When most people think of factories, places that produce physical goods likely come to mind.
But soon, Innovation Works (IW), a North Side-based early-stage investment firm, will instead build a “factory” for applied robotics startups. That’s thanks to a $12 million injection of funds from a Build Back Better Regional Challenge grant award — a federal program aimed at jumpstarting regional economic development following pandemic hardships.
The Robotics Startup Factory, which has no specific location announced yet, will provide local companies with physical space and guidance in fostering partnerships, performing rapid prototyping and harnessing small-scale production onsite.
“We’re going to create companies that are developing products that can be produced in Western Pennsylvania — not just produced in China, and not just produced somewhere else,” said Mike Formica, managing director of hardware and AlphaLab Gear, IW’s hardware accelerator program. Formica is also leading the Robotics Startup Factory project.
Typically, by the time a company makes its way to Innovation Works, it’s seeking funding, but Formica envisions helping build participating robotics startups from the earliest idea stage until the point when founders are ready to send their products off to be made. This includes working with researchers, assisting with fundraising and doing “matchmaking” to establish potential partnerships between technologists, entrepreneurs and other industry players who could potentially work well together.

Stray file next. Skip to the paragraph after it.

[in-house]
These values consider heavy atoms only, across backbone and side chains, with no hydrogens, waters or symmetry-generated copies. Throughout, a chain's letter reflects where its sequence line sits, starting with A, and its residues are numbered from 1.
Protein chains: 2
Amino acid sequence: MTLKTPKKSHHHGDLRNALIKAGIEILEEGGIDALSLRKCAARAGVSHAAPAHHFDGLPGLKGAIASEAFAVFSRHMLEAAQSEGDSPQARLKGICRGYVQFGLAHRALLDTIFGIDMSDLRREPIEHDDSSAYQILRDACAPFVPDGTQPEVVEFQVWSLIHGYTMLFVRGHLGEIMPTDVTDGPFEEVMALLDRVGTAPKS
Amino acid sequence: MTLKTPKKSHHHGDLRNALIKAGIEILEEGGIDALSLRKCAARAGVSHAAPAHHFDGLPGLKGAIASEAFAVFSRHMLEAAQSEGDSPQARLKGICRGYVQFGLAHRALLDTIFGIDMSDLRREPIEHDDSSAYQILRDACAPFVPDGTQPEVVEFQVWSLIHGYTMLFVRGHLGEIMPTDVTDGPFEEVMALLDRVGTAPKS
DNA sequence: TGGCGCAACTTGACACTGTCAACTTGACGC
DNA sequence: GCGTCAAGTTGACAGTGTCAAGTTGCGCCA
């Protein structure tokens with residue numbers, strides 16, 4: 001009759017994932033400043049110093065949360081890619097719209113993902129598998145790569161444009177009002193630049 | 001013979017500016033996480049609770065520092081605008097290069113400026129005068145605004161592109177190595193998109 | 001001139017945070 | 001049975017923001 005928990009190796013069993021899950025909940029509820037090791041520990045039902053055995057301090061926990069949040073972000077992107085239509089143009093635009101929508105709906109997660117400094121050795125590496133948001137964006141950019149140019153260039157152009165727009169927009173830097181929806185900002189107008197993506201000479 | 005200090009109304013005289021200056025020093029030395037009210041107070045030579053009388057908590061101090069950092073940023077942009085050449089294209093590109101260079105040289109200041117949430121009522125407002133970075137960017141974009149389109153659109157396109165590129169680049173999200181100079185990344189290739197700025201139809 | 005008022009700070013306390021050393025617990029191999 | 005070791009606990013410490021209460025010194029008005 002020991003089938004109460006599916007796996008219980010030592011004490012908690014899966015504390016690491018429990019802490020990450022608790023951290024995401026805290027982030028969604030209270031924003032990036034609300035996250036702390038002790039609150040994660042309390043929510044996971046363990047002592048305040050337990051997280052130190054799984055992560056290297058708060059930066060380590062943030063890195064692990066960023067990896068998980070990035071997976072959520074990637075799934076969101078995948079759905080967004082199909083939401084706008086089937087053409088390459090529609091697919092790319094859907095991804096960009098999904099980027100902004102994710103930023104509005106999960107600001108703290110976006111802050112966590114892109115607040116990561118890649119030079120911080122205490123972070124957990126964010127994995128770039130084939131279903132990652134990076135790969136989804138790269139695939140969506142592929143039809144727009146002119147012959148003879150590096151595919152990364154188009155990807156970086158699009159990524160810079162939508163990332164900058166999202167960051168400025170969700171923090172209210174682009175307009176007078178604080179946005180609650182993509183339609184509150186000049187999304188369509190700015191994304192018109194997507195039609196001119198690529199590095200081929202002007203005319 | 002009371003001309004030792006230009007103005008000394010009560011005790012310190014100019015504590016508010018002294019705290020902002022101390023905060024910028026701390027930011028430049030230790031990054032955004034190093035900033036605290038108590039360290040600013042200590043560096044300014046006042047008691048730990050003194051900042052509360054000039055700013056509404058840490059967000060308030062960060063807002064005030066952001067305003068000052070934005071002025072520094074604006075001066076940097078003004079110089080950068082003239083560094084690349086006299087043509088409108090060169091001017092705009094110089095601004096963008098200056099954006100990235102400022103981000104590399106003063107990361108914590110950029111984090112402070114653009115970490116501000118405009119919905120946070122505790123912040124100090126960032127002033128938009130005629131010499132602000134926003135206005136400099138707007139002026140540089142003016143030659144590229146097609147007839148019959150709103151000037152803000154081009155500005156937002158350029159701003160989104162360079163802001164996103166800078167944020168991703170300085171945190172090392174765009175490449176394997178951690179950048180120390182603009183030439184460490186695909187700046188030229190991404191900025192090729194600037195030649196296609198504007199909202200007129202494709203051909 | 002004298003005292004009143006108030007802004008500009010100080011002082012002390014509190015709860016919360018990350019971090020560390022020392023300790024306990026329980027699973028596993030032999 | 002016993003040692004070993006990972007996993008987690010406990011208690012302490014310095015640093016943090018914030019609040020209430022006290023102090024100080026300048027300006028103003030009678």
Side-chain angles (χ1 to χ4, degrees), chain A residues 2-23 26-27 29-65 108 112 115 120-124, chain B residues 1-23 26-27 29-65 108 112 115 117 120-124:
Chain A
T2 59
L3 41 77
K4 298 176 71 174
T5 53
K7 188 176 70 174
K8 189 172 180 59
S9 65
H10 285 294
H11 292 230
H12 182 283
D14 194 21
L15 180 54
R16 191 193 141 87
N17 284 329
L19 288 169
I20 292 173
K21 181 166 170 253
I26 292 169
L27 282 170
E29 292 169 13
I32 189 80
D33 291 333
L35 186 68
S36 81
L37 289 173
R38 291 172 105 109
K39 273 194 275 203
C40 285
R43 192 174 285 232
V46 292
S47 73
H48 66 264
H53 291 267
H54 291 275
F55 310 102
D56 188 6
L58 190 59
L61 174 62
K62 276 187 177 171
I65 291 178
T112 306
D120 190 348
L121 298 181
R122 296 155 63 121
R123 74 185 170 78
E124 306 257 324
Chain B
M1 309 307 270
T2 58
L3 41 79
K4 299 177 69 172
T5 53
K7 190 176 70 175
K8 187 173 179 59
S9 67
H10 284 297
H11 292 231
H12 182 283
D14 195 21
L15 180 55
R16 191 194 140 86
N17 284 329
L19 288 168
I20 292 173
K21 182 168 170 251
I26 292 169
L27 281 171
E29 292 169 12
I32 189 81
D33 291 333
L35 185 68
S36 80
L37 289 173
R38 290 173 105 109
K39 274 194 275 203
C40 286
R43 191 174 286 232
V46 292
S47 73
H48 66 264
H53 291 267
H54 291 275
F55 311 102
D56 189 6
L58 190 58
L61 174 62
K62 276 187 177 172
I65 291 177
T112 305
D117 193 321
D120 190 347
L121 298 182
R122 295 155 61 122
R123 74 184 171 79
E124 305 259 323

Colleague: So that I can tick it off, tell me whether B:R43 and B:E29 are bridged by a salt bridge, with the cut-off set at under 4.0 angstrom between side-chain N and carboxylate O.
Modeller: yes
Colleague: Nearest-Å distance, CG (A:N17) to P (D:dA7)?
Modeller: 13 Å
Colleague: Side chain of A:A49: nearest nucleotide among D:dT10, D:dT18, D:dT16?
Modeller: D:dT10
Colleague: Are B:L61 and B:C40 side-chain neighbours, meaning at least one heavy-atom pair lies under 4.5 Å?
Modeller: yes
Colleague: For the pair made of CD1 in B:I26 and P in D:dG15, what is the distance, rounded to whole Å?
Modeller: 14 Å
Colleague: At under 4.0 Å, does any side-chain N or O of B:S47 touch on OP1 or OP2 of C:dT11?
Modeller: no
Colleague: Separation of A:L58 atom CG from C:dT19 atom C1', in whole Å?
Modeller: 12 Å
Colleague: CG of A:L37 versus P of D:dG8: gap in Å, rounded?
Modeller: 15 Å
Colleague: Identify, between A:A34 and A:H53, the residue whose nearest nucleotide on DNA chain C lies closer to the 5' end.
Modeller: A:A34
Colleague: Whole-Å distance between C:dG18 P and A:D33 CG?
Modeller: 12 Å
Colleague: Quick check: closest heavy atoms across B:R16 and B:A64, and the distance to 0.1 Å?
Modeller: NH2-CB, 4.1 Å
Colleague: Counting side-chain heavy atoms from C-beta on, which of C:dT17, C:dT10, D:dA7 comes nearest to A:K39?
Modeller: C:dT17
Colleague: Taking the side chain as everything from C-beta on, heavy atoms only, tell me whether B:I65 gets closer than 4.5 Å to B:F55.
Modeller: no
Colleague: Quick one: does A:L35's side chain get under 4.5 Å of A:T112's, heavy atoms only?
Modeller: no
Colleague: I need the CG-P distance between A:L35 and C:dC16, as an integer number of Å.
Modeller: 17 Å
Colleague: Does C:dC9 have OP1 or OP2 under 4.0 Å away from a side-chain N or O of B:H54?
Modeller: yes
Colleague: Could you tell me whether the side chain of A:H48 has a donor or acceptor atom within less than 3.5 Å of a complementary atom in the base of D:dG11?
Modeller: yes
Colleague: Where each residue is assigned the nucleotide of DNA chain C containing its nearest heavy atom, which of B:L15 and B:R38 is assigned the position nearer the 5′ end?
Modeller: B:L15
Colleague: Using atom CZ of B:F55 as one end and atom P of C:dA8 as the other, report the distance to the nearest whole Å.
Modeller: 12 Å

From his perspective, there’s no better time for this Robotics Startup Factory. One of many vulnerabilities COVID-19 illuminated, Formica said, was how “fragile” the US supply chain is. During the height of the pandemic in 2020 — due to a combination of labor issues, transportation shortages and increased demand — companies struggled to get their products out into the world in a cost- and time-efficient manner. Formica recalled products the public relied on being hard to produce, and thus hard to obtain, which made more people aware of how important it was to invest in local manufacturing. After years of manufacturing jobs declining in the states, Formica said, the public’s renewed awareness of the topic provides the opportunity for companies to create systems where they’re never unable to meet consumer demands.
This is why the Robotics Startup Factory wants the companies it’s advancing to be built around a culture of self-sufficiency: for the sake of both the startups and manufacturers in the area.
“I want to get them ready for that big growth phase, which is ultimately going to drive wealth and prosperity in the region,” Formica said.
The goal, he added, is to help the local industry evolve from a science-adept one to one that creates companies capable of producing products based on those scientific discoveries. Furthermore, the Robotics Startup Factory will offer its participants resources like a production-grade prototyping shop that a company in its infancy might not ordinarily have access to.
“The most important thing is we’re trying to create a culture of innovation that’s not just about creating science but about creating science that’s going out into the real world — and that those products that we’re creating from that science are going to be manufactured right here in Pittsburgh,” Formica said.Atiya Irvin-Mitchell is a 2022-2023 corps member for Report for America, an initiative of The Groundtruth Project that pairs young journalists with local newsrooms. This position is supported by the Heinz Endowments.
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